Wednesday, 8 March 2017
Time for an Election?
It was around this time last year that I and this blog finally ran out of patience with and turned against David Cameron. His rank dishonesty about Europe and his 'deal' was the final straw in a romance that had always been a marriage of convenience as far as I was concerned. He never felt like a proper Tory and certainly not like my kind of Tory. Those last few months just confirmed this.
It's hard to know at this stage what kind of PM Theresa May will ultimately be and how history will judge her. But so far she is playing a blinder. I always assumed that she was in reality a Brexiteer like me, even if pragmatism meant that she was obliged to back remain. Since becoming PM she has sounded for all the world like a Brexiteer anyway. She is pursuing our exit with great determination and patience. Maybe we will be as unimpressed by the deal she finally does as we were with Dave's. Somehow I doubt it.
On one issue I do respectfully disagree with our redoubtable PM however. And that is the issue of an early general election. Now it is possible that she is merely keeping her options open and not making the mistake that Gordon Brown made in 2007 when he allowed speculation to run riot about an early election before his own natural caution got the better of him. Margaret Thatcher never used to talk about elections before she finally called them. She let others do the speculating but made no mention of the issue herself. It is the best idea. And so Mrs May could well be adopting a similar approach. But she must be tempted.
At the very least, as William Hague wrote in The Telegraph yesterday and Tom Harris wrote in the same paper later the same day, she should begin the process of repealing the Fixed Term Parliament Act imposed on us by the Lib Dems. Such legislation has no place in a parliamentary democracy. The ability to call an election as and when they are needed is a necessary prerequisite of making our system work. The FTPA was self serving on the part of the Lib Dems anyway. It was there to protect them and not for any reason of high minded democratic principle. Its notable that they were perfectly prepared to sacrifice their principles on student tuition fees but demanded and were given the FTPA to gerrymander the system in their favour and make coalitions more likely. That does not aid democracy. It makes behind the scenes deals a necessity rather than going to the country and asking the people to elect a new parliament.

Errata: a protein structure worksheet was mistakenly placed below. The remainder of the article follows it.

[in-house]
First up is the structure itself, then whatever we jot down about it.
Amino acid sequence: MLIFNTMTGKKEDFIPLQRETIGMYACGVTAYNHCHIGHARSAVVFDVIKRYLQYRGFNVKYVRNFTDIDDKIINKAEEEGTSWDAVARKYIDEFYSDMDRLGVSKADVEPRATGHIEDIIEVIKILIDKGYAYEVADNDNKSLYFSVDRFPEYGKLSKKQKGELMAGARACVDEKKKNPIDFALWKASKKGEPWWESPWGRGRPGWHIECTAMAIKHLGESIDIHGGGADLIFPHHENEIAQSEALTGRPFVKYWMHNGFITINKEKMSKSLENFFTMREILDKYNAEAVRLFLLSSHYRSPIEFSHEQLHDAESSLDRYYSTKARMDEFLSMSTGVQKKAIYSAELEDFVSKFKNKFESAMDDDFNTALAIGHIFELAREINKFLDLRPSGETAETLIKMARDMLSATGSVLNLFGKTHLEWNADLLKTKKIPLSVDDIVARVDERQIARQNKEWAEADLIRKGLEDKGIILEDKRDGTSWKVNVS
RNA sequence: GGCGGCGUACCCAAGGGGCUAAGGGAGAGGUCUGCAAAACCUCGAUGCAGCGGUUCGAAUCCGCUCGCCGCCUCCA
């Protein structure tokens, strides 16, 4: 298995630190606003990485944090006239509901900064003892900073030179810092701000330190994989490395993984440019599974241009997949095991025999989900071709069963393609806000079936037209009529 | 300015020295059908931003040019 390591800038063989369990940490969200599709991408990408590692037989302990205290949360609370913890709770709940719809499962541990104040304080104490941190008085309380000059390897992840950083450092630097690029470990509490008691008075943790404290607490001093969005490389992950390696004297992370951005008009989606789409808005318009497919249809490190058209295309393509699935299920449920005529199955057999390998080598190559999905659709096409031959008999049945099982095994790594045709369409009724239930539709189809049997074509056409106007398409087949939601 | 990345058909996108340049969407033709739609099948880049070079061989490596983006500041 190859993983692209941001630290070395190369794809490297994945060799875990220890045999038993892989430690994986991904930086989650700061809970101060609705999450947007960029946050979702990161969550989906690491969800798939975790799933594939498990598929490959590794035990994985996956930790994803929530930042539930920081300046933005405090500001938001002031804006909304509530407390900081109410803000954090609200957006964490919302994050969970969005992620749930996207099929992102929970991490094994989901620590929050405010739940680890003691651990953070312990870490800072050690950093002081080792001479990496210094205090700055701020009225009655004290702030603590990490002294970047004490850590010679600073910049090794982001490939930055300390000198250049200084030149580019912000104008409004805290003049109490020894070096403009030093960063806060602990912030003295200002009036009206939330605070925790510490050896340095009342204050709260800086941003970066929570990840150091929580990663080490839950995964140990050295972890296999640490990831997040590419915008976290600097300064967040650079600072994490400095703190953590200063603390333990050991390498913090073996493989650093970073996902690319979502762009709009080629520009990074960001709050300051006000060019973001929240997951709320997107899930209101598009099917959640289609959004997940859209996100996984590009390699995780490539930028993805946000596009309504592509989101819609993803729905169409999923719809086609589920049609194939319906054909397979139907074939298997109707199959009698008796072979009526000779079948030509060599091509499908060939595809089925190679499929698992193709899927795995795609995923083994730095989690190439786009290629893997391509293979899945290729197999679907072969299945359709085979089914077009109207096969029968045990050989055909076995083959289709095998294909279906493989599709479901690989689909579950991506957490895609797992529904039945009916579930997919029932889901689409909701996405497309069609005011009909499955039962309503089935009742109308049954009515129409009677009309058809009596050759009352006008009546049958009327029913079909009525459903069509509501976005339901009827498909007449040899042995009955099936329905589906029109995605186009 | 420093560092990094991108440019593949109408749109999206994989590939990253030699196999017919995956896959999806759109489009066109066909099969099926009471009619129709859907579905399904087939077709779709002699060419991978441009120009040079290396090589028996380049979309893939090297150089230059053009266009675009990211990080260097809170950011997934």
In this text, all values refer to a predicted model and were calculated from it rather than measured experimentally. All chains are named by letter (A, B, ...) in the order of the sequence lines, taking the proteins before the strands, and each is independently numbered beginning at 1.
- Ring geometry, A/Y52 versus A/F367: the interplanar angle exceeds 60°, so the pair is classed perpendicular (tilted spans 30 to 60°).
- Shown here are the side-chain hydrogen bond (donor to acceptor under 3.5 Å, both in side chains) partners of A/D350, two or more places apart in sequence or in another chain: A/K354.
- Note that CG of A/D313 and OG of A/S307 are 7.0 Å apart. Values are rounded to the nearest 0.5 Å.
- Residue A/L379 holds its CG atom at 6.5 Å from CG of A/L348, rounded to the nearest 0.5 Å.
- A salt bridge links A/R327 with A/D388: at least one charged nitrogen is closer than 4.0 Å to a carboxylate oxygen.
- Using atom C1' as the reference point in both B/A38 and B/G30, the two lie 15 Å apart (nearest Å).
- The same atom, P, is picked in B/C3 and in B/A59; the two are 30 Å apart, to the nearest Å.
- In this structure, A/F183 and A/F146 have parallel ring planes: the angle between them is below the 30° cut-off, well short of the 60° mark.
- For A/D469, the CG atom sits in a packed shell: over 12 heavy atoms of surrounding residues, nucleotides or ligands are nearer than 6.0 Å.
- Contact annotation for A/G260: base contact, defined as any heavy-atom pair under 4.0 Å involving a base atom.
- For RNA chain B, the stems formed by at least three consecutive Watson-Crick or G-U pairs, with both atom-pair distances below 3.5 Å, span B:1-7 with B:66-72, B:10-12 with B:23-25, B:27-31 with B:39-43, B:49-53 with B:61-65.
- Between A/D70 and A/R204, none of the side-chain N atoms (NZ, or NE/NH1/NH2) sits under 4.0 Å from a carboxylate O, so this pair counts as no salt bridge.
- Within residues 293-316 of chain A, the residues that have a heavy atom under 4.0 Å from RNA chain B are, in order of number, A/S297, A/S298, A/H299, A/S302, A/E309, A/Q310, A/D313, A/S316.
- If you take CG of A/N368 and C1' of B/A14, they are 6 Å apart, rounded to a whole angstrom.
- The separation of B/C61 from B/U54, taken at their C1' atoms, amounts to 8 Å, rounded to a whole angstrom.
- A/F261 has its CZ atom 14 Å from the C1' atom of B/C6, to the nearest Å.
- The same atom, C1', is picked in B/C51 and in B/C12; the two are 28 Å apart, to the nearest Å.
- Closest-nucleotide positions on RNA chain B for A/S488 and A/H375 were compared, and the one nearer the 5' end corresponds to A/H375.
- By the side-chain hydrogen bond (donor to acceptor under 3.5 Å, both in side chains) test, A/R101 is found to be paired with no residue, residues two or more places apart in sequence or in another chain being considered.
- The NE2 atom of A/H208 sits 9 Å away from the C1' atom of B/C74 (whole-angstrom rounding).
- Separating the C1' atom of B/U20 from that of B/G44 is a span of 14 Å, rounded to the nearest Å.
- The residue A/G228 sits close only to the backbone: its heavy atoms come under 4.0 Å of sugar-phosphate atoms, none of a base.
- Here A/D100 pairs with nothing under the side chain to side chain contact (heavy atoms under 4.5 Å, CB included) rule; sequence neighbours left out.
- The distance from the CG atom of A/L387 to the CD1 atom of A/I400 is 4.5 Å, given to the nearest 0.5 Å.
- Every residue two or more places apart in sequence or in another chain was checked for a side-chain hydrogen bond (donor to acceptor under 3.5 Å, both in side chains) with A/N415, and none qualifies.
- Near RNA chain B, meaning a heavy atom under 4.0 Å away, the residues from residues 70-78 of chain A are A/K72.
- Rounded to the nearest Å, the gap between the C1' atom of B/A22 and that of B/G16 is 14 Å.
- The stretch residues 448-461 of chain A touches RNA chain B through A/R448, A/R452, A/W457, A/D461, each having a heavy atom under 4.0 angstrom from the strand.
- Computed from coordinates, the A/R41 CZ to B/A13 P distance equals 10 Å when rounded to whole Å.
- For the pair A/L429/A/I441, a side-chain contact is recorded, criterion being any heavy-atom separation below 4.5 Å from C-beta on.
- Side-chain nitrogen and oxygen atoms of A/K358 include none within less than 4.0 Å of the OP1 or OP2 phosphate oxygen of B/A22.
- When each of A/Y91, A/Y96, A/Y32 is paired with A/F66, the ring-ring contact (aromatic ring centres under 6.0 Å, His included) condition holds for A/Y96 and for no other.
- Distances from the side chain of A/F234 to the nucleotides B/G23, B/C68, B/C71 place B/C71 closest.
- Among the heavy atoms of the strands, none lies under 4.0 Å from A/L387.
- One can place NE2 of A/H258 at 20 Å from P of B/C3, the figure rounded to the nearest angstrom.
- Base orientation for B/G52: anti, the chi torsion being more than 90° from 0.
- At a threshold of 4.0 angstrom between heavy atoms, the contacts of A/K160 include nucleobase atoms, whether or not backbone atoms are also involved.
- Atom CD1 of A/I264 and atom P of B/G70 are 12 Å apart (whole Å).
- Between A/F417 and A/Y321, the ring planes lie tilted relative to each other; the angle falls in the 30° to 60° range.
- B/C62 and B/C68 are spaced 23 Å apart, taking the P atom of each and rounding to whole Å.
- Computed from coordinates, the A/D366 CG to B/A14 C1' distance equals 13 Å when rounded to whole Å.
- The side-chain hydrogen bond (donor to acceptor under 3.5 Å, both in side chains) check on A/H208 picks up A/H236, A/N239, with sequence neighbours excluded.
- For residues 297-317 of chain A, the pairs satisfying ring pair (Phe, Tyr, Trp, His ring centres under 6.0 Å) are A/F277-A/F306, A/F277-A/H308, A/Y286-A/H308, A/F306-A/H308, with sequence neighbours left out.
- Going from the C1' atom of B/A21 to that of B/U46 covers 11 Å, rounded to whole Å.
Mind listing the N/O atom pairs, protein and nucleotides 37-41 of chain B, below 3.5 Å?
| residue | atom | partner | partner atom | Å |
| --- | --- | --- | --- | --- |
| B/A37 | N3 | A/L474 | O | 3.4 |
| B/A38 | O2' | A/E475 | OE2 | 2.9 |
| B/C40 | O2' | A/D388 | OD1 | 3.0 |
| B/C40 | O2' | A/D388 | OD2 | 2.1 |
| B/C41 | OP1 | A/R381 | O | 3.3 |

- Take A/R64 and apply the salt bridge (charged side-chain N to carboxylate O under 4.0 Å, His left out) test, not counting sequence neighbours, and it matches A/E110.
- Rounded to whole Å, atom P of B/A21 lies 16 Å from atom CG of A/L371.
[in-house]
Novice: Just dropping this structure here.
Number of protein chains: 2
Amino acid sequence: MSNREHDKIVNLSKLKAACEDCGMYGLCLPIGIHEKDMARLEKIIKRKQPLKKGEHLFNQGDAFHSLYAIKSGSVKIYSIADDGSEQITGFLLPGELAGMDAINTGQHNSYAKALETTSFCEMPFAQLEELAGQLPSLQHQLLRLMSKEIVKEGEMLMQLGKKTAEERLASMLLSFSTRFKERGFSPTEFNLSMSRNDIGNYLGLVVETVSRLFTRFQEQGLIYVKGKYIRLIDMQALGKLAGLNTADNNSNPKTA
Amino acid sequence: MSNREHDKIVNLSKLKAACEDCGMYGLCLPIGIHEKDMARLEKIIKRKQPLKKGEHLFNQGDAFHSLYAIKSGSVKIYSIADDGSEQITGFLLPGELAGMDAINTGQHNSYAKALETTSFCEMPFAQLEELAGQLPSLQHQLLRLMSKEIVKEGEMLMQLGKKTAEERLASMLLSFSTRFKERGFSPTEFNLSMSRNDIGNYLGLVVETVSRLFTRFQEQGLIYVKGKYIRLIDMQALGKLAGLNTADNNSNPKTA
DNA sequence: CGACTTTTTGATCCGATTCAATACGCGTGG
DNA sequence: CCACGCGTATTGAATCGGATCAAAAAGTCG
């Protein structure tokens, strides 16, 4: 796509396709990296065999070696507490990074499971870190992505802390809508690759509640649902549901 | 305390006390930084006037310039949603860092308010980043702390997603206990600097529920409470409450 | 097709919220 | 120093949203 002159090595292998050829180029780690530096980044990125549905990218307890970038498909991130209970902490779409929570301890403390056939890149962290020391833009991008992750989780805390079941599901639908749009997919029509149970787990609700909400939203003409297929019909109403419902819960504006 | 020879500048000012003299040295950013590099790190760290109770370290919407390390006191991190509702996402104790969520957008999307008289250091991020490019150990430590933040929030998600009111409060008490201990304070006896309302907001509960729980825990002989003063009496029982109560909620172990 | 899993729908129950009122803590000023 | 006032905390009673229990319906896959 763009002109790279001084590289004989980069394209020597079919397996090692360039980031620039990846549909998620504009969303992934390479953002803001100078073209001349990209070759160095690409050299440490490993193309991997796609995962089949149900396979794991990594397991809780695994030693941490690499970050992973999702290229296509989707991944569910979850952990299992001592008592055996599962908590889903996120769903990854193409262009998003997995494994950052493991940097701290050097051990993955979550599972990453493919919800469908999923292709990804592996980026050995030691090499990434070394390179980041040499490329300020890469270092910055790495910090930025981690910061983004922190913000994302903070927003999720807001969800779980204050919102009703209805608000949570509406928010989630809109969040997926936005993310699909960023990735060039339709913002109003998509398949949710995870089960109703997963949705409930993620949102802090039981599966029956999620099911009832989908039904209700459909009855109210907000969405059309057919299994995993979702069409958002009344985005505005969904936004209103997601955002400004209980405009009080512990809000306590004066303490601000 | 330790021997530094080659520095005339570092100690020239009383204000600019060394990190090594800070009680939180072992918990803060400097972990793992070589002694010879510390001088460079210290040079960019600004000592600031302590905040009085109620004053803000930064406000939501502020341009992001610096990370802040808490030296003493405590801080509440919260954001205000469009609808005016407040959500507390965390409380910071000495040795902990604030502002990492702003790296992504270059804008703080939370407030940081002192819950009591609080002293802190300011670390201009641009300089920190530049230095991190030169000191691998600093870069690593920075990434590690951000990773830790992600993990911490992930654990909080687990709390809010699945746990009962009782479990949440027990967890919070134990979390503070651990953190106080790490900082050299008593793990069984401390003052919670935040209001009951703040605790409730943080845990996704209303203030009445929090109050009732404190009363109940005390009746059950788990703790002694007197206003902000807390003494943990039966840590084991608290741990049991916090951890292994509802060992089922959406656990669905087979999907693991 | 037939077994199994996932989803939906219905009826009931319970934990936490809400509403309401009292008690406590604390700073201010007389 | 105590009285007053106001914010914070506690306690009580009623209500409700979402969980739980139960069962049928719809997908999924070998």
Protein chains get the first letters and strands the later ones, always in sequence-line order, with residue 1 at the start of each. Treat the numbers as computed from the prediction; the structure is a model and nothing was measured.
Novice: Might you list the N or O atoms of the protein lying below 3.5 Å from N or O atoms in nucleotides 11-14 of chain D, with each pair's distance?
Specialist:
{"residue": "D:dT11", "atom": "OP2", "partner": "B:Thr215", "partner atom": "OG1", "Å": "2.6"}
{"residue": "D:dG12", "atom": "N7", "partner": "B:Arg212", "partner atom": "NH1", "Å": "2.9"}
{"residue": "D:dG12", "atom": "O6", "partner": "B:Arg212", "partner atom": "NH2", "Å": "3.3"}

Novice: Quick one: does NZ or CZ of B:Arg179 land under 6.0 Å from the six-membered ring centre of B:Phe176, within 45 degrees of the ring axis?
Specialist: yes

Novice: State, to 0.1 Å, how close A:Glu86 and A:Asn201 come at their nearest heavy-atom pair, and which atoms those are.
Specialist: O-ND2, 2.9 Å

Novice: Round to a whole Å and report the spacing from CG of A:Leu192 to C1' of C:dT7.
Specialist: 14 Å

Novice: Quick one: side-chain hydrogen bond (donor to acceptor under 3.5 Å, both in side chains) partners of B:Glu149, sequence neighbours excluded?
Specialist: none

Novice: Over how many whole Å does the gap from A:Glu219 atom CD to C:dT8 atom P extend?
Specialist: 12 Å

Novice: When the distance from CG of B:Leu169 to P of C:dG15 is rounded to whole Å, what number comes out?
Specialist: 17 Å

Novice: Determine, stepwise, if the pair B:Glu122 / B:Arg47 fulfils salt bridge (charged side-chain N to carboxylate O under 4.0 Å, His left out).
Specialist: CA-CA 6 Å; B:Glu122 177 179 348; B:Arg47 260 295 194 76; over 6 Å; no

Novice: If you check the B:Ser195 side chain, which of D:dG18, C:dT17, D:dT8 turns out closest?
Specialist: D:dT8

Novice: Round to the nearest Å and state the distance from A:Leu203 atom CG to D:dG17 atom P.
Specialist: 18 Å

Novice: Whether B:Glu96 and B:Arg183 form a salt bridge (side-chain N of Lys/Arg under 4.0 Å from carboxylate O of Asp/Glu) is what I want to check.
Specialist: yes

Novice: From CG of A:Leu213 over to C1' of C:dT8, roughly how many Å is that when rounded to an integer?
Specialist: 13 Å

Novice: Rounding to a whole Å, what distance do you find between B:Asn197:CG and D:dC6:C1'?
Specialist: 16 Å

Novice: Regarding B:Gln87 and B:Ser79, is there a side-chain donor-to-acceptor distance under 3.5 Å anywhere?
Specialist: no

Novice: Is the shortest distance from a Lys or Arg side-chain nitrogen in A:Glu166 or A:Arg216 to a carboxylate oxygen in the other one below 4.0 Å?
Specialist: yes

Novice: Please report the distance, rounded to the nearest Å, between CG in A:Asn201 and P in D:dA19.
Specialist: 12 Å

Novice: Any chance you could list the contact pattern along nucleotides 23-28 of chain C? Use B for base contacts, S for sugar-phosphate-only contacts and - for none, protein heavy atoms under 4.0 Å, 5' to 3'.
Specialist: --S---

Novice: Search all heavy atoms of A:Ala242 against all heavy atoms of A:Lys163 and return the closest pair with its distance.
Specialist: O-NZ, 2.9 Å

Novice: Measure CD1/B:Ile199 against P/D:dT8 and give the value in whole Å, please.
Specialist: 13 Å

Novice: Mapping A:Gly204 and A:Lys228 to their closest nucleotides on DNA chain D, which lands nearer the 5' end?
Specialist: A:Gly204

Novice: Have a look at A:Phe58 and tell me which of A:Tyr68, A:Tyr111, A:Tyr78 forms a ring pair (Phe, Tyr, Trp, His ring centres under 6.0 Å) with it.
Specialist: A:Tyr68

Of course one of the reasons that I would like the PM to call an election is that it is highly likely that the Tories would win and would win by a decisive landslide margin. That would have the effect of entrenching Tory rule for a decade or more and would make Brexit mean Brexit with no possibility of backsliding. It would also put an end to the grandstanding and anti-democratic chicanery currently going on in the House of Lords.
It would also lead to Chauncey finally admitting defeat and standing down as leader of the Labour Party. Probably. Although given his Trumpian levels of delusion and that of his supporters you never know. Labour would then be able to put the last couple of years behind them and become a fully functioning if much diminished opposition again, always supposing that they could find a half competent leader to replace the silly old sod. This may be asking a lot.
And it would also help to settle the matter of Scotland and the Union. The SNP are threatening another referendum again on the entirely spurious and irrelevant grounds that they are being taken out of the EU against their will. As this blog has pointed out more than once: the Scottish people voted by a wide margin less than three years ago to stay in the Union. Thus they accepted that the will of the British people as a whole would decide out fate in the EU in the then anticipated EU referendum. So the SNP are planning on ignoring the results of two referendums because it happens to suit them. The excellent Ruth Davidson is quite right when she avers that they would lose another referendum that Scotland does not want by an even wider margin. But a general election result that saw them lose seats might concentrate their minds too.
All in all then, prime minister, an early general election seems a good idea. Maybe one this May or June might be convenient. Perhaps events may contrive and conspire to present an excuse to call one. Either way it might be an idea to set the wheels in motion of repealing the hated FTPA so that calling an election as and when we need one becomes a simple matter of going to see the Queen once again. Given what lies ahead and given that we are bringing powers back to our own parliament from Europe in the coming years, a means of ensuring that parliament meets with the approval of the electorate on a regular basis would seems sensible and pragmatic.